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1. Beginnings: War and Revolution
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1. Beginnings: War and Revolution   |   2. Politics and Economics   |   3. Culture   |   4. Overveiw   |   5. Further Reading

The Weimar era was a turbulent, energetic, exciting, chaotic, liberating, and frightening period in German history. In strict terms, the Weimar Republic lasted from the summer of 1919, when the Constitution was passed, to the Nazi seizure of power on January 30, 1933. But the revolutionary period that began in late October 1918 with the sailors' mutiny in Kiel and continued through the winter and spring of 1919 decisively shaped the character of the Republic.

Four years of war had taken a huge toll on the German population. The massive death toll at the front affected nearly every German family. A large portion of the population suffered from hunger and malnutrition on account of food shortages, and from exhaustion from fourteen-hour days in the munitions factories that fueled the war machine. In 1916, strikes were already breaking out over wages, hours, and provisions. By 1917, the strikes had taken on a more political edge, and came with demands for an end to the war and, sometimes, with calls for the removal of the Kaiser. Women rioted in marketplaces and in shops. At times, the police even expressed sympathy for them and for all of the families in need of food and coal. But a combination of repressive tactics – e.g., sending striking workers directly to the front – and concessions surrounding wages and provisions kept the overall situation in check. Until the autumn of 1918.

A dual process of transformation developed in that dreary season marking the fourth year of war. On September 29, 1918, the supreme commanders of the German military, Field Marshall Paul von Hindenburg and General Erich Ludendorff, informed Kaiser Wilhelm II and Chancellor von Herling that Germany no longer had the resources to pursue the war. In their view, the country had to request a cease fire and power had to be transferred to the Reichstag. The Kaiser still held to the illusion that Germany would triumph in the war. After all, the German army still occupied vast stretches of Eastern Europe, far into Russia, a large swath of French territory, and all of Belgium. In the Ottoman Empire, German troops were spread over Anatolia and into the Caucasus.

But the Kaiser had to give in to his generals, who had abandoned the illusions of victory that they themselves once fostered. On October 3, 1918, Prince Max von Baden was appointed chancellor. For the first time in German history, Social Democrats joined the government. Prince Max initiated a reform process that amounted to a very significant democratization of the political order. At the same time, the government exchanged a series of notes with the United States government on the terms of the armistice. The Germans were banking on American generosity and President Wilson's claim that the war would result in a long-lasting democratic peace. The Americans, however, were proving not to be as magnanimous as Germany had hoped.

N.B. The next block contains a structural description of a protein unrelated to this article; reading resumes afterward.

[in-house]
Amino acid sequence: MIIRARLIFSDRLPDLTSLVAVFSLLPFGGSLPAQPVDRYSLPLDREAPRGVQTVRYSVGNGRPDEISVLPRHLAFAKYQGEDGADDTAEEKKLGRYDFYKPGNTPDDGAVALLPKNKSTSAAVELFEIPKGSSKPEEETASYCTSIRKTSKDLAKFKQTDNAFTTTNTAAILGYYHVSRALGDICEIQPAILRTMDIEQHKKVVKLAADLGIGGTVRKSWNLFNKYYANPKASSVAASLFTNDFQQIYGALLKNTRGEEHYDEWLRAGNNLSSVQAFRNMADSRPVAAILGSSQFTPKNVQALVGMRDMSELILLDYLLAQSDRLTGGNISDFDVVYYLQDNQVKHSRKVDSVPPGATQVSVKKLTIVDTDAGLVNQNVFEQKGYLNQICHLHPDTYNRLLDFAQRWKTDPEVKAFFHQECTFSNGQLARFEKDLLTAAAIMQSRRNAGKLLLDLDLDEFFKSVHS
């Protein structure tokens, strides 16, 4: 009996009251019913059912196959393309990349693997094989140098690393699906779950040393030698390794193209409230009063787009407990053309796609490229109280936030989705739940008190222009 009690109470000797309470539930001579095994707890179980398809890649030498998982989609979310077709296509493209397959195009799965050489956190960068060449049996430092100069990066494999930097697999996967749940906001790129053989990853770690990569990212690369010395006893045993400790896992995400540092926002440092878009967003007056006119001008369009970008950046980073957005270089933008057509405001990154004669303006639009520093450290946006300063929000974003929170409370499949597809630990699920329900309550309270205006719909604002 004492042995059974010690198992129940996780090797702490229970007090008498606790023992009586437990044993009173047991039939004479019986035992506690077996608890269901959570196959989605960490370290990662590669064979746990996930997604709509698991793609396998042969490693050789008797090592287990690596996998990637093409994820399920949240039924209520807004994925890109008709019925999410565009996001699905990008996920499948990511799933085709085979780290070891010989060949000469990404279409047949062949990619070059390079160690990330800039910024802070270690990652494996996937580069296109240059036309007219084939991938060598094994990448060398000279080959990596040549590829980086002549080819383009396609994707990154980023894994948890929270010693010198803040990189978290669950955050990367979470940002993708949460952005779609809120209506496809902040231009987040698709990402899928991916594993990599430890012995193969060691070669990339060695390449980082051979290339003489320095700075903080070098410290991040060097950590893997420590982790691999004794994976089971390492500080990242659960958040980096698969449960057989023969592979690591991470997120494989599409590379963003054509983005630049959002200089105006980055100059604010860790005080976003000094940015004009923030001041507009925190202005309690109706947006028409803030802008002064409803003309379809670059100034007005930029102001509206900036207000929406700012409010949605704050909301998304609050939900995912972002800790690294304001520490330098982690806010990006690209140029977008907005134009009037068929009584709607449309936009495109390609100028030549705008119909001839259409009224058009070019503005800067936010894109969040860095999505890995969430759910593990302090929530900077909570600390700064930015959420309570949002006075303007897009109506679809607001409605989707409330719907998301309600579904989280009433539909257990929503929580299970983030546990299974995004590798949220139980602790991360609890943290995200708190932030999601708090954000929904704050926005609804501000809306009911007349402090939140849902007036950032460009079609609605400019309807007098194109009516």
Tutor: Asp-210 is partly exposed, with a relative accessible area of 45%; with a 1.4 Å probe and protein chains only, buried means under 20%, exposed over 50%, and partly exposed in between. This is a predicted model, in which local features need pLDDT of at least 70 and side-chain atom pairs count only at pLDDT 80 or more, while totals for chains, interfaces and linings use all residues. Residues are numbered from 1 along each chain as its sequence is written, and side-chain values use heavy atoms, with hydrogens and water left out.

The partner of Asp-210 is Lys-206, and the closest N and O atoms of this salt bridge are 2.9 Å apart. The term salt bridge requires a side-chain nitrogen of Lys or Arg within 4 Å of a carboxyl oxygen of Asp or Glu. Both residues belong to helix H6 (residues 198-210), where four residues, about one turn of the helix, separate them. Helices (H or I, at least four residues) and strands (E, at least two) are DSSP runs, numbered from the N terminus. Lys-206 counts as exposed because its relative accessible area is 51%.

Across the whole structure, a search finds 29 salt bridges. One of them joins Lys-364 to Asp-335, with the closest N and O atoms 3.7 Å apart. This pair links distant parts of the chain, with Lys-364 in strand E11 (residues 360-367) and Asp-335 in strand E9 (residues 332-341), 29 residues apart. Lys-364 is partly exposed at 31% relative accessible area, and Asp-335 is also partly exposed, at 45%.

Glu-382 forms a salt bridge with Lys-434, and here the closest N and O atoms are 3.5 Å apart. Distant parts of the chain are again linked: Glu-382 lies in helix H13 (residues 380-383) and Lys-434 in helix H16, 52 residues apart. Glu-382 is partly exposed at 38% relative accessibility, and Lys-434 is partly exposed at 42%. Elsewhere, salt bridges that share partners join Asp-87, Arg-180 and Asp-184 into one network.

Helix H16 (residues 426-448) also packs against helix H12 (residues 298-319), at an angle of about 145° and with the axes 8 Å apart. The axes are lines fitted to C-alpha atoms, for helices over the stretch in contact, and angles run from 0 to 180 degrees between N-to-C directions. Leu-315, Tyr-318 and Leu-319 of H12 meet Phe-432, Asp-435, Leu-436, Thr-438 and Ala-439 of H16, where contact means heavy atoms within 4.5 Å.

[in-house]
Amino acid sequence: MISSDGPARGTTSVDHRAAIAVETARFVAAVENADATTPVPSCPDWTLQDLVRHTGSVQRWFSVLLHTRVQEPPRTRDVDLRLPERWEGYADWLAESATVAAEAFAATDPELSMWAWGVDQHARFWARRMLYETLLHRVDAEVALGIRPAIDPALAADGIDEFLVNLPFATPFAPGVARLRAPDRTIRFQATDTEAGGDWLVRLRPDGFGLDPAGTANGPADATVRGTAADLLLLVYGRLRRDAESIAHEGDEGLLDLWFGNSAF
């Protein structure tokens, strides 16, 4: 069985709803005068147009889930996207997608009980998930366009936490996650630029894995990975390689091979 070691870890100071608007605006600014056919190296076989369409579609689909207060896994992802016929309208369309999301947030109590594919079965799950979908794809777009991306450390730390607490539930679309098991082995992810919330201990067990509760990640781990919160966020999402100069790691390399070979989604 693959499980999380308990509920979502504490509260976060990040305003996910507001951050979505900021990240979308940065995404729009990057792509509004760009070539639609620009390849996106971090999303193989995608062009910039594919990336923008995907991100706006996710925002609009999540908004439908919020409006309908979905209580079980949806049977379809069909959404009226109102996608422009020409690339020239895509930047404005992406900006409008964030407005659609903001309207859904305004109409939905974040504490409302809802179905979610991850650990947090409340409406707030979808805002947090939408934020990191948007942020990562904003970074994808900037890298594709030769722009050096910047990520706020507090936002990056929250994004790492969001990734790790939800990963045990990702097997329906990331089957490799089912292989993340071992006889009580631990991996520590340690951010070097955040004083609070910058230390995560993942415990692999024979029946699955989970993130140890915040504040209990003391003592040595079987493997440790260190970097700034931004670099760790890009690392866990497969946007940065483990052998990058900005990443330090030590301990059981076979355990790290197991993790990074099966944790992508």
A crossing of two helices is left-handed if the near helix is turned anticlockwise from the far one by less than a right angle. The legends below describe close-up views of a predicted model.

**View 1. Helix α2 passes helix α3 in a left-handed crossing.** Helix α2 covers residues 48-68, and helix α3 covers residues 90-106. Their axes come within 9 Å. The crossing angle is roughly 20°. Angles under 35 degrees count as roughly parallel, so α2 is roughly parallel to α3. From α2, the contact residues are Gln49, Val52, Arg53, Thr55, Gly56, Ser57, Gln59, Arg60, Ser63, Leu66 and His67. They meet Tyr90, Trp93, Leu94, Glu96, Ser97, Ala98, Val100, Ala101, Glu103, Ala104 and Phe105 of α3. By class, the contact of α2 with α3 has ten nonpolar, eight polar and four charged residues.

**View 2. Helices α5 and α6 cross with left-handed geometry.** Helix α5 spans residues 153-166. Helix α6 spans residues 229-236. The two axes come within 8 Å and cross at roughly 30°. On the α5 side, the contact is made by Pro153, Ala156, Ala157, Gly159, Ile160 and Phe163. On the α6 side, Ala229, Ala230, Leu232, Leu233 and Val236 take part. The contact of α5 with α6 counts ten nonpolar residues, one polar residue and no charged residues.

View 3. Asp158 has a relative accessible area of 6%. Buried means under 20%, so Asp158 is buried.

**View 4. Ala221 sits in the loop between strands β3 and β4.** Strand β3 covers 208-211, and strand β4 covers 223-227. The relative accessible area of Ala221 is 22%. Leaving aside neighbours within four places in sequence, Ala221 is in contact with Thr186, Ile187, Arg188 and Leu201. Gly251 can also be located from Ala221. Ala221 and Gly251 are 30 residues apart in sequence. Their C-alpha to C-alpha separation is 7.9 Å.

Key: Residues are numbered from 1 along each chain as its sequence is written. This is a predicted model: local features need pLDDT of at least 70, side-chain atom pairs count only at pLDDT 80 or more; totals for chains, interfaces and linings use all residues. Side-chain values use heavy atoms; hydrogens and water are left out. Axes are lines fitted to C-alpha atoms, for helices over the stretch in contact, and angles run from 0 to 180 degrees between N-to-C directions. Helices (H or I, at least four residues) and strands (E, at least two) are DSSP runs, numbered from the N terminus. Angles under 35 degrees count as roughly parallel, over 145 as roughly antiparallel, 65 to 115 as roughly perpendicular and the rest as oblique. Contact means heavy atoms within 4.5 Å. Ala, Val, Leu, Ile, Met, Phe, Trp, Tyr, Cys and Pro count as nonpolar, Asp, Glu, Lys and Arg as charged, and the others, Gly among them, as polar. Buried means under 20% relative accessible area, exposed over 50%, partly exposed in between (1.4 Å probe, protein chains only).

None of this was happening fast enough for the many Germans who had been so painfully affected by the war, and they directed their anger at the very institutions that had dragged Germany into the war in the first place: the military and the monarchy. Rank and file soldiers and sailors had come to resent the privileges accorded their officers, who were fed and quartered in finer circumstances. When sailors at Kiel were given orders to set out to sea – when everyone knew the war was drawing to a close – they wondered what kind of last-minute, pointless heroics the naval command had in mind. The sailors mutinied, touching off a revolutionary uprising that spread from Kiel to cities large and small throughout Germany.

The workers’ and soldiers’ councils were the most important invention of the Revolution. These grassroots democratic organizations designed to represent the interests of workers and soldiers became the main vehicle for popular demands for an end to the war, the establishment of democracy, better living conditions, and Socialism. They were loosely structured, often chaotic, but they gave workers and soldiers – and as well as artists and the many others who would soon form their own councils – a sense of power and possibility, and the confidence to take matters into their own hands.

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